Version 8.5 Analytics software released

In case you didn’t know, WebTrends 8.5 Analytics software is going to be released any minute now. If you’ve missed the hype, here are the main reasons to consider upgrading:

Applies to:  Software

In case you didn’t know, WebTrends 8.5 Analytics software is going to be released any minute now.  If you’ve missed the hype, here are the main reasons to consider upgrading:

1)  An updated GeoTrends database, hurrah!    This GeoTrends news is absent from the general WT announcements about 8.5 but we Outsiders think it’s worth top billing.  We hope to see fixes for the problems of Chantilly Virginia (source of all AOL hits) and the Marina Del Rey California (source of many hits that really start in Asia), but we’re not holding our breaths.  Even without those fixes, we WANT it.   It is not compatible with previous versions and must be used with 8.5.  More later.

2) Calculated Measures.  For measures that are already in a report, you can easily create new columns consisting of math manipulations of the other measures in the table.  For example, you can divide Views by Visits to get a Views Per Visit calculated measure in a Pages report, or a Pages Viewed Per Content Group calculated measure in a Content Groups report.  You can also easily move columns around.  Slickly done and useful.  (But even with this we still can’t figure out a way to make Exit Ratios, boo) 

The calculated measures can be created two ways:

  • built in to the definition of a custom report
  • created on the fly whenever you have an existing report open.  And, once you’ve created on-the-fly measures, you can save them in a bookmarked version of the report.  This last is a stroke of genius on somebody’s part at WT. 

Note:  at this time Dynamic Unique Visitors is the only existing measure that cannot be part of a Calculated Measure.

3) Much more efficient User rights administration, consisting of two big changes.

  • When you edit a User’s rights you can quickly select which Profiles and Templates they have access to, by going through lists of profiles and templates right there in the user Edit function.  No more tedious opening of individual Profiles and Templates in order to give a new user access!
  • You can create “Roles” consisting of collections of privileges and rights, then assign these to individual Users.  No more lengthy re-creation of combinations of privileges for every new user.  (But, if you were on top of things, you would have already created something like Roles using dummy User accounts, copying them when you add a new person.  You did do this, didn’t you?)

4) For SDC (and for server logs for clever people), a set of new WT.* parameters, dimensions, and out of the box custom reports designed to deal with Web 2.0 information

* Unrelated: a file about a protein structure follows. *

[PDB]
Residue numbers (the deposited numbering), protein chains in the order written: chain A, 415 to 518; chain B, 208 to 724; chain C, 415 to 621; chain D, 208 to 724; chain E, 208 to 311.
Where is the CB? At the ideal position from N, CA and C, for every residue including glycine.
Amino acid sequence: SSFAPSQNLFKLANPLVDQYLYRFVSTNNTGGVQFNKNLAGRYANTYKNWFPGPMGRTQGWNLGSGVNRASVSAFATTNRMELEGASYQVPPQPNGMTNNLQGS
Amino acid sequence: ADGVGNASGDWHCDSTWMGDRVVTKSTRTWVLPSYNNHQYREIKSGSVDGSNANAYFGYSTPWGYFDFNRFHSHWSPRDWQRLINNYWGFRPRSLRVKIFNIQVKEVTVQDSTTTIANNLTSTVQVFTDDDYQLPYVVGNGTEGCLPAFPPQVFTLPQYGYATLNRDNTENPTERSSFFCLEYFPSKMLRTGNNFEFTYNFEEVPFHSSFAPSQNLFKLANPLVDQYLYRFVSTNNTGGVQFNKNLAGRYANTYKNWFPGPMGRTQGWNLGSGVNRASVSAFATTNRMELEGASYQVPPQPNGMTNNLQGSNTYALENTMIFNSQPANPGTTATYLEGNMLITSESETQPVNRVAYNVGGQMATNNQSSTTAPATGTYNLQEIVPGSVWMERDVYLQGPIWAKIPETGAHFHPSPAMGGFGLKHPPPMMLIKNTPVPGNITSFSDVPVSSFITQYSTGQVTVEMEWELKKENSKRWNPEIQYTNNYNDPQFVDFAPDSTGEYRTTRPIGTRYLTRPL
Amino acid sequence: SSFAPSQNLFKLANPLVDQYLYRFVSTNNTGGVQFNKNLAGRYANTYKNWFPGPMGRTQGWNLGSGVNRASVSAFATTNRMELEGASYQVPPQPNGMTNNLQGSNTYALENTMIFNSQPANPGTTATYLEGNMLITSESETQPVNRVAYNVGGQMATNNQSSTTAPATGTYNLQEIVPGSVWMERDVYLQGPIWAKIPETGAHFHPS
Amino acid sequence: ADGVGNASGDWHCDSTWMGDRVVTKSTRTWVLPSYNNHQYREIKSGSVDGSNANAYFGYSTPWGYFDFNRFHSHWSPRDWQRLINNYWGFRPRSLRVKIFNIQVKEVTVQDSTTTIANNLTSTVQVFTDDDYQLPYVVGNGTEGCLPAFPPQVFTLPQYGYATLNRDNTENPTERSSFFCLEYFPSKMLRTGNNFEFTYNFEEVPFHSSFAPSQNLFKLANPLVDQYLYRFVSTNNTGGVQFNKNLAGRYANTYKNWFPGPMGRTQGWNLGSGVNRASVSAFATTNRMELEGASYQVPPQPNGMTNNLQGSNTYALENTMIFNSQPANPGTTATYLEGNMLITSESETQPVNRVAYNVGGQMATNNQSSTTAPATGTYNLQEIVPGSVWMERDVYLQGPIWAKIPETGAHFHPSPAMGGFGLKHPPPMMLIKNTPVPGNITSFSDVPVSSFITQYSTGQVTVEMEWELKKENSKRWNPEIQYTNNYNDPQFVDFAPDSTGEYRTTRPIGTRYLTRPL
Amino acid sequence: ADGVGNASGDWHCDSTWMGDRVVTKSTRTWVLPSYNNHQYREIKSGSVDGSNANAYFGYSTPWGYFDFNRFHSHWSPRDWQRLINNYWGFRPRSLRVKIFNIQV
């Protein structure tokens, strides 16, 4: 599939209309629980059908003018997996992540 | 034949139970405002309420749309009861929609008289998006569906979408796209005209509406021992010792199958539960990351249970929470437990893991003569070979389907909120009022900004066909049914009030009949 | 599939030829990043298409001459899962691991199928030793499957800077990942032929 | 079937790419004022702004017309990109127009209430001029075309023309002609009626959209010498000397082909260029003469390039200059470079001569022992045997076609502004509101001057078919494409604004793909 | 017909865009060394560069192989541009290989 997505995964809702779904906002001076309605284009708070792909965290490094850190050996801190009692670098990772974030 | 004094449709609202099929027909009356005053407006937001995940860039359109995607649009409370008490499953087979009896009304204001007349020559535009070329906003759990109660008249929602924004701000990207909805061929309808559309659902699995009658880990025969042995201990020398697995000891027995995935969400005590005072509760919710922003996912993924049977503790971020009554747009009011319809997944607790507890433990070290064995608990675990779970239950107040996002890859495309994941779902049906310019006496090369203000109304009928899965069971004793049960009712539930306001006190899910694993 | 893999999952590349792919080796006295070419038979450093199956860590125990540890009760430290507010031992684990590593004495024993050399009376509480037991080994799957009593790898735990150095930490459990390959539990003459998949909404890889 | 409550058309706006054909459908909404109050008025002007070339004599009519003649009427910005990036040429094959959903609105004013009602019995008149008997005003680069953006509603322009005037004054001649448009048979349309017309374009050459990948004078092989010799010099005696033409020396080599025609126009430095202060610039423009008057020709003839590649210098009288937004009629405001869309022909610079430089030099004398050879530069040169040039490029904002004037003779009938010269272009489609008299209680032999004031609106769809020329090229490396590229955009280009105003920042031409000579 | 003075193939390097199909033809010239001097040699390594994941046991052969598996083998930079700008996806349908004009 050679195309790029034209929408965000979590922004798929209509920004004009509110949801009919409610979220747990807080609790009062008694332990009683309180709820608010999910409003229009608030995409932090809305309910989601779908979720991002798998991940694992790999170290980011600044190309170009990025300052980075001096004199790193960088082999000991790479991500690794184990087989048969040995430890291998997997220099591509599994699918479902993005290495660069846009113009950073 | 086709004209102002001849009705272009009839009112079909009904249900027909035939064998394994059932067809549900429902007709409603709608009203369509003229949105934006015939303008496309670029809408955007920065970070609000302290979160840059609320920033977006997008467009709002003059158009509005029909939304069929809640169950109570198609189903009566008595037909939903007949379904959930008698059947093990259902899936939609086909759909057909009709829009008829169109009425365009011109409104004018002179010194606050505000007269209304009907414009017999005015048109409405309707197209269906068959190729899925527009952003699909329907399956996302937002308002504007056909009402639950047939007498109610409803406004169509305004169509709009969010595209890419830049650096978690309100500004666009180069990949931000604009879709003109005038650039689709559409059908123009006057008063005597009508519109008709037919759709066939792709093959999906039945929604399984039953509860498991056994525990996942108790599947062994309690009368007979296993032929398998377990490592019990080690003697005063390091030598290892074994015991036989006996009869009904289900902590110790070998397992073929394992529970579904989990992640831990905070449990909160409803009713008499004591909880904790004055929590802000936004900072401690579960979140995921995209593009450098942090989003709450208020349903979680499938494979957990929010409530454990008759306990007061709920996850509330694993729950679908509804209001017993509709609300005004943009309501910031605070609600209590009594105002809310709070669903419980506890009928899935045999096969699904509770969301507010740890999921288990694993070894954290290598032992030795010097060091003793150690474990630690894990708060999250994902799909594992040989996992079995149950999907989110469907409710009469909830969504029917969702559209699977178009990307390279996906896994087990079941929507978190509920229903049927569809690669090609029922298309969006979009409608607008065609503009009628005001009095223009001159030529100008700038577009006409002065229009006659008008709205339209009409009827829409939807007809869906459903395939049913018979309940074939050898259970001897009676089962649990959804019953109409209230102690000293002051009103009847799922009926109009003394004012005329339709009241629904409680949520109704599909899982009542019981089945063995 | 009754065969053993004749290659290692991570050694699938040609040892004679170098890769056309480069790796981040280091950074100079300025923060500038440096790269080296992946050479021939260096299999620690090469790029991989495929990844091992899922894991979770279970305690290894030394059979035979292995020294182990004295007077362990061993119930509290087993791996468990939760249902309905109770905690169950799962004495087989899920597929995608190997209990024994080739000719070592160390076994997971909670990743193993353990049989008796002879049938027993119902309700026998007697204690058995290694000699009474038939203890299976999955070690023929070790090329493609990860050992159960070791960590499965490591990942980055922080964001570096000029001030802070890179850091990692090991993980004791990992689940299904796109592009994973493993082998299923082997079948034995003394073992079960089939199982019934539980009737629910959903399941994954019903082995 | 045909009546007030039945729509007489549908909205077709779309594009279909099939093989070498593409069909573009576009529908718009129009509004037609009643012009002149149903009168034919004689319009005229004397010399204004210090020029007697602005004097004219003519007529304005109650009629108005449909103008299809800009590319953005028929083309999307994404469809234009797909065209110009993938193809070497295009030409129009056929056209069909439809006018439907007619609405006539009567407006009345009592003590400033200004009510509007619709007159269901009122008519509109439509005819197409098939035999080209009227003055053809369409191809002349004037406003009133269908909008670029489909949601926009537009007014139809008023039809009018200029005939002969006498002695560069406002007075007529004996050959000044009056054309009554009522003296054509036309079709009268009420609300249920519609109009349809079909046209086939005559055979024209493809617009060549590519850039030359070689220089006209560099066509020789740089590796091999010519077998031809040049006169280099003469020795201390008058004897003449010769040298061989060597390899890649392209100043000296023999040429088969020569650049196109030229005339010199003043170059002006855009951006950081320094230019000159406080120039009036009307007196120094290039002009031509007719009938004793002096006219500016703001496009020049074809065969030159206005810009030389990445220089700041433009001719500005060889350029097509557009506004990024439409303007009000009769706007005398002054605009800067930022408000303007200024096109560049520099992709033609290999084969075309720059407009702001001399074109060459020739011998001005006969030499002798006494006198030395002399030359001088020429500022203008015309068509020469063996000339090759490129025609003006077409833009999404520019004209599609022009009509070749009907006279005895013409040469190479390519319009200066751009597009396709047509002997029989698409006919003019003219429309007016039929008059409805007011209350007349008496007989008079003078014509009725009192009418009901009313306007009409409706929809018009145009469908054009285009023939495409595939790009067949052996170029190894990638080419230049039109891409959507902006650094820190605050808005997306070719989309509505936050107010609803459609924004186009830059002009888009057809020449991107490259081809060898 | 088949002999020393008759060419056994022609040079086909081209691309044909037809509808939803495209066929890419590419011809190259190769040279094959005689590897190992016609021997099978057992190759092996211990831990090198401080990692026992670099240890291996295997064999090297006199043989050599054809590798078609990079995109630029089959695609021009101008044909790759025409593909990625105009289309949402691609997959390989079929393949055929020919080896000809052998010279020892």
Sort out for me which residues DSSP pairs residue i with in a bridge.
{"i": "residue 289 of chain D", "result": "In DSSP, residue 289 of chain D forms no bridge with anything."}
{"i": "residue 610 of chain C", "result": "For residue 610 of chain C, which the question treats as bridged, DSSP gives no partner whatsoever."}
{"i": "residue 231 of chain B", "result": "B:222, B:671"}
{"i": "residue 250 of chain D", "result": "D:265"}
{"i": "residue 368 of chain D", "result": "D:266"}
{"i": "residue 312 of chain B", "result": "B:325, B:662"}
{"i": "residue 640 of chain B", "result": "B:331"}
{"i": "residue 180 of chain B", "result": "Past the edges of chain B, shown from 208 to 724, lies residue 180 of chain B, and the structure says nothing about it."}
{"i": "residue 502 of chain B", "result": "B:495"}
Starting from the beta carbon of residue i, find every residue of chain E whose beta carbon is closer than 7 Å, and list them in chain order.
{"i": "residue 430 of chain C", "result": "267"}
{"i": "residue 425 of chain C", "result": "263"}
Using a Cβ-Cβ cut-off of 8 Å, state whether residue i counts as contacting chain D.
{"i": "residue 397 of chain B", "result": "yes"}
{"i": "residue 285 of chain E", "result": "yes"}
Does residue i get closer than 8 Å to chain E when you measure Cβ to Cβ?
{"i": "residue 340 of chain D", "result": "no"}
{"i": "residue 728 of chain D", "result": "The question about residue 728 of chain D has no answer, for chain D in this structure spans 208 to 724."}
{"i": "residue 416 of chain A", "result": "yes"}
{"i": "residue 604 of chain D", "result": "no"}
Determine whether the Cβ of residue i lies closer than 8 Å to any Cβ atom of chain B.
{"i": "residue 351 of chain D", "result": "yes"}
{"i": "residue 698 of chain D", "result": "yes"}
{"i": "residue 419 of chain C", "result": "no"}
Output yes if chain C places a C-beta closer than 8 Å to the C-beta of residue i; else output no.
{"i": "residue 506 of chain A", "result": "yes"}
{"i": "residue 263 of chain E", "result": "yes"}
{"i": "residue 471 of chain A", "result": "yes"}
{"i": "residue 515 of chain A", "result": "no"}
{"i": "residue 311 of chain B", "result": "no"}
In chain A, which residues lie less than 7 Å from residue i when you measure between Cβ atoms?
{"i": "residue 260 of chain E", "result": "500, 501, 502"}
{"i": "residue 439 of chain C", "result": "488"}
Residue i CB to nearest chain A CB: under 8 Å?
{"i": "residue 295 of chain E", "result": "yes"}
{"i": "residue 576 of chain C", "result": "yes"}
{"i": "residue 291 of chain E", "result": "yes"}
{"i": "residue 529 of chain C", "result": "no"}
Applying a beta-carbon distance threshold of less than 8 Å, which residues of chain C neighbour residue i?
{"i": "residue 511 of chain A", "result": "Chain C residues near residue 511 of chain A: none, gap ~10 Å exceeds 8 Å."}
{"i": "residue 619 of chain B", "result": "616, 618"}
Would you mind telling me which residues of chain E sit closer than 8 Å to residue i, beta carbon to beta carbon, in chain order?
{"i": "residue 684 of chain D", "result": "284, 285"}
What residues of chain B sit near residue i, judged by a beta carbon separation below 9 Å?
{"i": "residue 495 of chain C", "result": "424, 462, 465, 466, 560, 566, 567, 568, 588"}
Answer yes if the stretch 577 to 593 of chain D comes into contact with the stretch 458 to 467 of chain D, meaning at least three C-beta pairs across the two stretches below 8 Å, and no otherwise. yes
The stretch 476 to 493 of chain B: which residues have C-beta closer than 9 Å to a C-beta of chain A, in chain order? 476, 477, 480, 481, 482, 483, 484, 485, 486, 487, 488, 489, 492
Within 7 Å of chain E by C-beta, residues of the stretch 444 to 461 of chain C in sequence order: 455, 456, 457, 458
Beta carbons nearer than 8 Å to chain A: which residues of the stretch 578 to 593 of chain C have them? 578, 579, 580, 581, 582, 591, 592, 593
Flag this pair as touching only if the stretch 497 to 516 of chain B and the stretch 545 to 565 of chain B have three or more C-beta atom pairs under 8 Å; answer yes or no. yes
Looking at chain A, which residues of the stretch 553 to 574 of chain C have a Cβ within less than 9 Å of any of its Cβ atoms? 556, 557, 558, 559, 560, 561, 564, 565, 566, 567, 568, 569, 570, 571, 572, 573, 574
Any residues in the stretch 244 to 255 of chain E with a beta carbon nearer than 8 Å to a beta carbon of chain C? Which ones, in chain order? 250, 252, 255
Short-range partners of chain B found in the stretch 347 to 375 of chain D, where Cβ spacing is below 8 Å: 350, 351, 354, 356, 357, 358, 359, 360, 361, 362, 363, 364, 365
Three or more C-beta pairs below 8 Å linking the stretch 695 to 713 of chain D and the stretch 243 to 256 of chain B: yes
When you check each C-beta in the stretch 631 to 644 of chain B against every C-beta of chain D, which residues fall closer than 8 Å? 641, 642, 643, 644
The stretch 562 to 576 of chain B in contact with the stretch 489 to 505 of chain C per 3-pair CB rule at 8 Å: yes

• RSS feeds
  • media clips
  • RIA button events such as “play” or “zoom”
  • consumer generated content events such as posts and comments. 

There’s no magic in these and it’s usually up to you to program all these events to get the events into SDC.  But at least they’re in the WT.* lexicon with some structure around them.  Watch for a WT-sponsored Lunch-and-Learn next month that will hopefully give more information on how to do that programming.

Oh, by the way.  We’ve heard indirectly that some RIA players are working with WT to automatically send some of these parameters.   This is the kind of partnering we need more of! 

5) Much better support for Japanese and Simplified Chinese

Seeing the whole Table of Contents for a profile

The Table of Contents is that stuff in the left nav – i.e. what reports are available to the WebTrends end user for that profile. It’s easy enough to use, but you really can only see a little chunk of it at a time. Wouldn’t it be nice to see the Table of Contents all at once in document form? So you could, maybe, re-organize it? Check for completeness? Annotate it? Give it to the end user with annotations as part of orientation?

The Table of Contents is that stuff in the left nav – i.e. what reports are available to the WebTrends end user for that profile.  You see the T-of-C every day.  It’s made up of all the reports attached to the profile (for that template), organized as an expandable hierarchy.  It’s sorta the same as the template but different — it’s the template when populated only with the reports that are attached to that particular profile.

It’s easy enough to use, but you really can only see a little chunk of it at a time. 

And if you’re like us, you’ve rearranged it and added lots of custom reports to various chapters, so it’s definitely not the T-of-C that came out of the box.

Wouldn’t it be nice to see the Table of Contents all at once in document form?  So you could, maybe, re-organize it?  Check for completeness?  Annotate it?  Give it to the end user with annotations as part of orientation?